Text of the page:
Transfer students are gaining more recognition on the university landscapes across the country, Deana Core, assistant director of New Student Services, said.
National Transfer Student Week, a week dedicated to the celebration of those who have decided to get their degrees in a non-traditional fashion, is recognized at Kansas State from Oct. 15 to Oct. 19. Events at K-State held in honor of these students typically involve coordination between transfer student ambassadors and advisors.
Some of the events planned for the week included a scavenger hunt followed by attendance of a K-State volleyball game, a Facebook Live event featuring current transfer student ambassadors answering questions about their experiences and the handing out of shirt buttons around the K-State Student Union.
Core said between 1,500 and 1,700 students transfer to K-State each year and become a part of a group that composes approximately 30 percent of the university’s student population.
“It is a very under-represented population in the country,” Core said.
On top of being overlooked, transfer students also often go unheard.
“They’ve kind of been a quiet group,” Core said. “They transfer in, and they don’t always advocate for themselves. They don’t sometimes feel like they belong and they just want to finish their degree and get on with life.”
While transfer students may have been under-represented or unheard in the past, they are starting to garner more recognition, support and research from universities on top of starting to take their college experience into their own hands, Core said.
“Now they are starting to be a little bit more involved in and they want to have that complete college experience,” Core said. “And they’re starting to speak up and say ‘you know, I transferred in, but that doesn’t mean I don’t want to take full advantage of being in some of these organizations and activities that a typical freshman would have joined or taken advantage of.’”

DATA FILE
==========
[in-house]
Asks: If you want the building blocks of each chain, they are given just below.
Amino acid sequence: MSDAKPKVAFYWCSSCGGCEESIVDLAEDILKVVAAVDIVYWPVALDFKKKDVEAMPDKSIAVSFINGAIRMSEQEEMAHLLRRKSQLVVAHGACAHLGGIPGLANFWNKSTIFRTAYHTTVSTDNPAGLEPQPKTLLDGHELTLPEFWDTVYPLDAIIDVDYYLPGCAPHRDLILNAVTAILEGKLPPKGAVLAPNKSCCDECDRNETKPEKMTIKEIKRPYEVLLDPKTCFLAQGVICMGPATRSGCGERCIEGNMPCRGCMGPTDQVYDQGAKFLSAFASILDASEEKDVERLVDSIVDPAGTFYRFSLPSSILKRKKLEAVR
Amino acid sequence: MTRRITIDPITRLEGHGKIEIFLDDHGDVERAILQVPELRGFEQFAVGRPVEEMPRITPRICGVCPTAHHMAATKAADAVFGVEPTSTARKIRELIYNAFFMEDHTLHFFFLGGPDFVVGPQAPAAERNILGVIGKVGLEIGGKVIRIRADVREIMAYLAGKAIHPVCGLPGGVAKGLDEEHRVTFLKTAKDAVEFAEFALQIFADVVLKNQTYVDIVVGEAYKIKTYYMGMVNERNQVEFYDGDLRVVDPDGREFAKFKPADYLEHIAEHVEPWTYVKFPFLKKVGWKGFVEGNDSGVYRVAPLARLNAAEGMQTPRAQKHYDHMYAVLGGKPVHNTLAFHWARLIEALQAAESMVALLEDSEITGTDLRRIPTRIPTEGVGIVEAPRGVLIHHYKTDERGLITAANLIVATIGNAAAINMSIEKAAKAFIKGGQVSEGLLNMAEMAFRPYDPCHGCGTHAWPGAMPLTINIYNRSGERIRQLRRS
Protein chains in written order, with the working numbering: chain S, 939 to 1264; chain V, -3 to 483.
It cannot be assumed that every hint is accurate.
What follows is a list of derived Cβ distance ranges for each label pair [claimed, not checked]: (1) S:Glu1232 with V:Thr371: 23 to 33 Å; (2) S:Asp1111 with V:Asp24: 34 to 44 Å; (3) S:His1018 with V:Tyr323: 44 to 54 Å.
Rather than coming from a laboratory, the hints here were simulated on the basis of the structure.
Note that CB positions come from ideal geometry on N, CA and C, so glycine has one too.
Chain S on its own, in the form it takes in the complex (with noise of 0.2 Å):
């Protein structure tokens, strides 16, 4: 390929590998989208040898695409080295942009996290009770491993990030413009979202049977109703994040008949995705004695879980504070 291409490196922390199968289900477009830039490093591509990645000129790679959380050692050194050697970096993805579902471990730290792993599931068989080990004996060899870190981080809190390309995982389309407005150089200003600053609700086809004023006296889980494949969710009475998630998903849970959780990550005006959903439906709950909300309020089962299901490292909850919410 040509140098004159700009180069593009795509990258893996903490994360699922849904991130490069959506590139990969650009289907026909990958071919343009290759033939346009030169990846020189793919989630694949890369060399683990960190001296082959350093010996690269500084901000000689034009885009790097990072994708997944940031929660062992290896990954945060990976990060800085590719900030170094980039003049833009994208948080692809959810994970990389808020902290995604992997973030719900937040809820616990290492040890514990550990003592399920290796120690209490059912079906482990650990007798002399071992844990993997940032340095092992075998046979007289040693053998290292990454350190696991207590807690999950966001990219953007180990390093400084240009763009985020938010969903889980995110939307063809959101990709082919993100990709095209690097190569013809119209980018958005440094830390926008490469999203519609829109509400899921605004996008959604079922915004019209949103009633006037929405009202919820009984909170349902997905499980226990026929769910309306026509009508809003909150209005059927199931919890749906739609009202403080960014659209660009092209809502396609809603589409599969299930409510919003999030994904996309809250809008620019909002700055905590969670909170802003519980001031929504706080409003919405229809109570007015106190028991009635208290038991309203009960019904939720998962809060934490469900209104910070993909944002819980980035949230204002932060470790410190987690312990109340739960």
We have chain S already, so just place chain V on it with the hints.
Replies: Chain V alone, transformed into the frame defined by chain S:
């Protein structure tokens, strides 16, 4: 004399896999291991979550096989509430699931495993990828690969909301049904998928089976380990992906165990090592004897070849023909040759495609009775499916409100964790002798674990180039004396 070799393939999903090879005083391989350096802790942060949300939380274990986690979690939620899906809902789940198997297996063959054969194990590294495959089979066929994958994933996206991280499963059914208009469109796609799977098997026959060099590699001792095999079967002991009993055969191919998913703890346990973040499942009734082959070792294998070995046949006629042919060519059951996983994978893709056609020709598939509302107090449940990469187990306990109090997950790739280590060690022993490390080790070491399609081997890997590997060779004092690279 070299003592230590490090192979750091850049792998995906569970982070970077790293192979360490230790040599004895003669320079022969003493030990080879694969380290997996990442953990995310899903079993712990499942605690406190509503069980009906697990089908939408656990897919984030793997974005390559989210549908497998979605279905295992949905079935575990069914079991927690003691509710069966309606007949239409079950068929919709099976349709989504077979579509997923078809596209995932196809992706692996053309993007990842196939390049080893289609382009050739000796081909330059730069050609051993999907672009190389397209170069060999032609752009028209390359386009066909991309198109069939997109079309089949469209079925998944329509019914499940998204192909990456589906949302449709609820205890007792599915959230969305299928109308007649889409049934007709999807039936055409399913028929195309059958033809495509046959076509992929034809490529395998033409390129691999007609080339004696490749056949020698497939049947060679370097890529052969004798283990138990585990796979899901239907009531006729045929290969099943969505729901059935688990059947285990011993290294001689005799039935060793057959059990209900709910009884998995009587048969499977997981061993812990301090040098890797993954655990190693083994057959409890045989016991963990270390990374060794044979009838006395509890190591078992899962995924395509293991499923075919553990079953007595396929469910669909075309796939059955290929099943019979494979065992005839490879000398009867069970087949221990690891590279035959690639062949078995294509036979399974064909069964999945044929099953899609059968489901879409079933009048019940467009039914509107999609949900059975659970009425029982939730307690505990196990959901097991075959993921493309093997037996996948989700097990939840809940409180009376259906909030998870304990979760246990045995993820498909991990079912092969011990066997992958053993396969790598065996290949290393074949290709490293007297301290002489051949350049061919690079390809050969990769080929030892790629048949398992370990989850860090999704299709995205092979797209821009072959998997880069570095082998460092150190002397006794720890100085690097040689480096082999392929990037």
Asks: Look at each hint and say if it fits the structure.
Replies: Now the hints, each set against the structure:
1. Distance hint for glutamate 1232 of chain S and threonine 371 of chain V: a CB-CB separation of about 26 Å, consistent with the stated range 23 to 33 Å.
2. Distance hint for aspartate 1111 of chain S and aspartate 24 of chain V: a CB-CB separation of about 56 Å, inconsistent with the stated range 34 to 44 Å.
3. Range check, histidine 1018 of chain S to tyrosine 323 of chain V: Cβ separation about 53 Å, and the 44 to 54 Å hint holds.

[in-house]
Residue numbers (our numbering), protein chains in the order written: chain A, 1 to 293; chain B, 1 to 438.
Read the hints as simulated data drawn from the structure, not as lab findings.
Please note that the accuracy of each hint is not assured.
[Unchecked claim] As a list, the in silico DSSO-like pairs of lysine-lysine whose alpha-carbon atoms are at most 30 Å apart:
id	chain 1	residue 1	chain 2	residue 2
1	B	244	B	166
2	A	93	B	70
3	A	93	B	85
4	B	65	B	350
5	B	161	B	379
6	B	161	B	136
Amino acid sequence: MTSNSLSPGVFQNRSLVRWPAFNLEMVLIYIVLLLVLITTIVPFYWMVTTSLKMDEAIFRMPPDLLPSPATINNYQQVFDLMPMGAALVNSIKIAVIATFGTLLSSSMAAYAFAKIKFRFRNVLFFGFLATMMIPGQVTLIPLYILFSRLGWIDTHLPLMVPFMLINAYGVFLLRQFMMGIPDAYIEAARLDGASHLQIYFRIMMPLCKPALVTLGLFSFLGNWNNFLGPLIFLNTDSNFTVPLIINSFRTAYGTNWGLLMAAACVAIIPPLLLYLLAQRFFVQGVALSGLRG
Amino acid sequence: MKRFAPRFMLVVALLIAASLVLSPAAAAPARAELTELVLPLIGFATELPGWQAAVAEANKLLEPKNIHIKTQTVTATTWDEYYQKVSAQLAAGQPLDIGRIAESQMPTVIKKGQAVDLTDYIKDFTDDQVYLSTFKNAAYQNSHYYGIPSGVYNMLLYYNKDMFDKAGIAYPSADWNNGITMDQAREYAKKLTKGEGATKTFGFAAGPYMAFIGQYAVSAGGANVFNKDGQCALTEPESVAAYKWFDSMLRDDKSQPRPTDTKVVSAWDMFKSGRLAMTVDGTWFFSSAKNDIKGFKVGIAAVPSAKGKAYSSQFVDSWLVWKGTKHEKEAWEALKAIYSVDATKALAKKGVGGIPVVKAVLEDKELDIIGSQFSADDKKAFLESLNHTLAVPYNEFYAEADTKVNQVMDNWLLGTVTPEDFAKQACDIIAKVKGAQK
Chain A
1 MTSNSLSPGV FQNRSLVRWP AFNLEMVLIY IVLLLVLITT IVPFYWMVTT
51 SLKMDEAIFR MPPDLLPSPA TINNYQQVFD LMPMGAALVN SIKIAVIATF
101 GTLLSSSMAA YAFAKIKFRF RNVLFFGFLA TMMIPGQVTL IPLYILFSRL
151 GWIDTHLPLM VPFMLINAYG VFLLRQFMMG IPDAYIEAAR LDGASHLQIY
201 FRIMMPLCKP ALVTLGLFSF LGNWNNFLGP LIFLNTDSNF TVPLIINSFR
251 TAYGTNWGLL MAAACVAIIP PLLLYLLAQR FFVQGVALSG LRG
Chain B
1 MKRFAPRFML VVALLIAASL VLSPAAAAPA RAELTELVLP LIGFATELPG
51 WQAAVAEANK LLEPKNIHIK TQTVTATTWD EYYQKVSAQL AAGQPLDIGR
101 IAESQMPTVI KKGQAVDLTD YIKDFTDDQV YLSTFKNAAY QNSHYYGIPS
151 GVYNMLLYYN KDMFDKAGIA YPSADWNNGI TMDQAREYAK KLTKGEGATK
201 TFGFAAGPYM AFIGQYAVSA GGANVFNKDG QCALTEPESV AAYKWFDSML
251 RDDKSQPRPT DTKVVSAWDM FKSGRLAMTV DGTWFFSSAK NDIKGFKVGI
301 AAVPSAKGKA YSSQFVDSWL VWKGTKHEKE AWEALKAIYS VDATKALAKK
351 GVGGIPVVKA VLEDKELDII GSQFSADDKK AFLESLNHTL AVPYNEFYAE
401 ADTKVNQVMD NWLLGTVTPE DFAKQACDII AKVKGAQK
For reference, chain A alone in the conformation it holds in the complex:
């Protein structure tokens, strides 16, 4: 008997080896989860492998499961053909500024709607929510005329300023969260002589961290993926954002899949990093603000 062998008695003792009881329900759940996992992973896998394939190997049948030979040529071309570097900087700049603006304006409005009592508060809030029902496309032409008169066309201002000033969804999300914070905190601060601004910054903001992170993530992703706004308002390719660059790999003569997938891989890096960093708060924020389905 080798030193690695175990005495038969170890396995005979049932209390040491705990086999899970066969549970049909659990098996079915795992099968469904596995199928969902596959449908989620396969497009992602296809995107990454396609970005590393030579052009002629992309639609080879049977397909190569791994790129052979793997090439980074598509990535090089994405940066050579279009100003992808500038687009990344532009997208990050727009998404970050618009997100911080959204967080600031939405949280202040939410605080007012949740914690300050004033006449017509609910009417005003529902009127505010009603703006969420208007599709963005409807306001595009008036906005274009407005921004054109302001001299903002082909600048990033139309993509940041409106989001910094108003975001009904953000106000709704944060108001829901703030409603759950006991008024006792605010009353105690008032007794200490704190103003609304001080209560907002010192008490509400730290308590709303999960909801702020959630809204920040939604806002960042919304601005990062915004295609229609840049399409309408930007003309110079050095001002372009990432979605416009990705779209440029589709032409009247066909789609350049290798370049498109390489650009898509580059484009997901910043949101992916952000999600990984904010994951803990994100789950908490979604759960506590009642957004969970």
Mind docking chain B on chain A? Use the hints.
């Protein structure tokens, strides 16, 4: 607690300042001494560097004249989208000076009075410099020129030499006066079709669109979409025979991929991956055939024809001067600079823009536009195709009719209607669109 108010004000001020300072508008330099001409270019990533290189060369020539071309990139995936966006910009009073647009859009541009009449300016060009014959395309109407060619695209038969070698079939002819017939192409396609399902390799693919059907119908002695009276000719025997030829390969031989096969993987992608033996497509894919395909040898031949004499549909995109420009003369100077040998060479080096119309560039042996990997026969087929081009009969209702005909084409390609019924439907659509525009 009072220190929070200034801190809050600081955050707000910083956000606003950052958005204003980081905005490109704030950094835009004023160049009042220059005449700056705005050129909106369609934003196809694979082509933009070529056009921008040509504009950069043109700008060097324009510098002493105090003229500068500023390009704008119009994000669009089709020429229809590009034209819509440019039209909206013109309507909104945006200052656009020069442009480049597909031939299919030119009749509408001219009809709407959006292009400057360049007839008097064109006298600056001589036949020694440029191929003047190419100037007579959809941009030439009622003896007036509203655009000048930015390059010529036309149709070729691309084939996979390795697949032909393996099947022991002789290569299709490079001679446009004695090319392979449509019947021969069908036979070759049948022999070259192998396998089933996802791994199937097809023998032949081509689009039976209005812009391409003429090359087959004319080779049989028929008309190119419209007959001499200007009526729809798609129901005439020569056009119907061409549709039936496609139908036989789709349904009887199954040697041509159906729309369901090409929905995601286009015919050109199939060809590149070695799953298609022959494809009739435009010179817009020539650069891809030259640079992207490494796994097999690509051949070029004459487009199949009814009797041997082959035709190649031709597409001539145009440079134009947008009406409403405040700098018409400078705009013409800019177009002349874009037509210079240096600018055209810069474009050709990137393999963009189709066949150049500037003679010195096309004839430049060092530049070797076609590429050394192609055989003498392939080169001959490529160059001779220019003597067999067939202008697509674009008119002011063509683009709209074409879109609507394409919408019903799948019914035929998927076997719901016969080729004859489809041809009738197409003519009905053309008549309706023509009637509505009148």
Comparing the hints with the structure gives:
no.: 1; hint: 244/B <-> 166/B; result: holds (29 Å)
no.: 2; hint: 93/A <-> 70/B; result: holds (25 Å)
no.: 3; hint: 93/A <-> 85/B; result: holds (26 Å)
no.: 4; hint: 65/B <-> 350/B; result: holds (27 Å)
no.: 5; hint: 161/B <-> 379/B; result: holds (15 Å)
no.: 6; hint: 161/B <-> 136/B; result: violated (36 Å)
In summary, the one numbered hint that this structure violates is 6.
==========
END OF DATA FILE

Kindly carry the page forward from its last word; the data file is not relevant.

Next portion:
Ellie Light, transfer student and senior in mass communications, said transfer students may keep their status on the down-low, but they are very involved in campus life at K-State.
“People don’t walk around with a shirt that says ‘I’m a transfer student,’ so unless you ask, you don’t really know,” Light said. “But there is several transfer students that are ambassadors for different colleges and they’re involved on campus in different ways.”
There are several factors that go into making a transfer student’s college experience positive, but some of the biggest players are those that make the transition process from one university to the next go smoothly, like Beth Stuewe, the K-State DirectLink coordinator for the Global Campus.
Stuewe is just one of many people at K-State and other universities and community colleges who work to make the process as painless as possible.
“All of the advisors here on campus understand the role that transfer students play in the population here at K-State and really, I think, do their best to try to make sure that those students’ needs are met once they’re here,” Stuewe said.
Some of the frustrations that come with transferring from one school to another include class credits not transferring, getting used to a new culture and atmosphere and attempting to have a positive college experience in a shortened period of time.
Light said she believes K-State has done a good job in its supporting of transfer students.
“I just want K-State to be recognized hopefully nationally as a comfortable and good place for transfer students to come to,” Light said.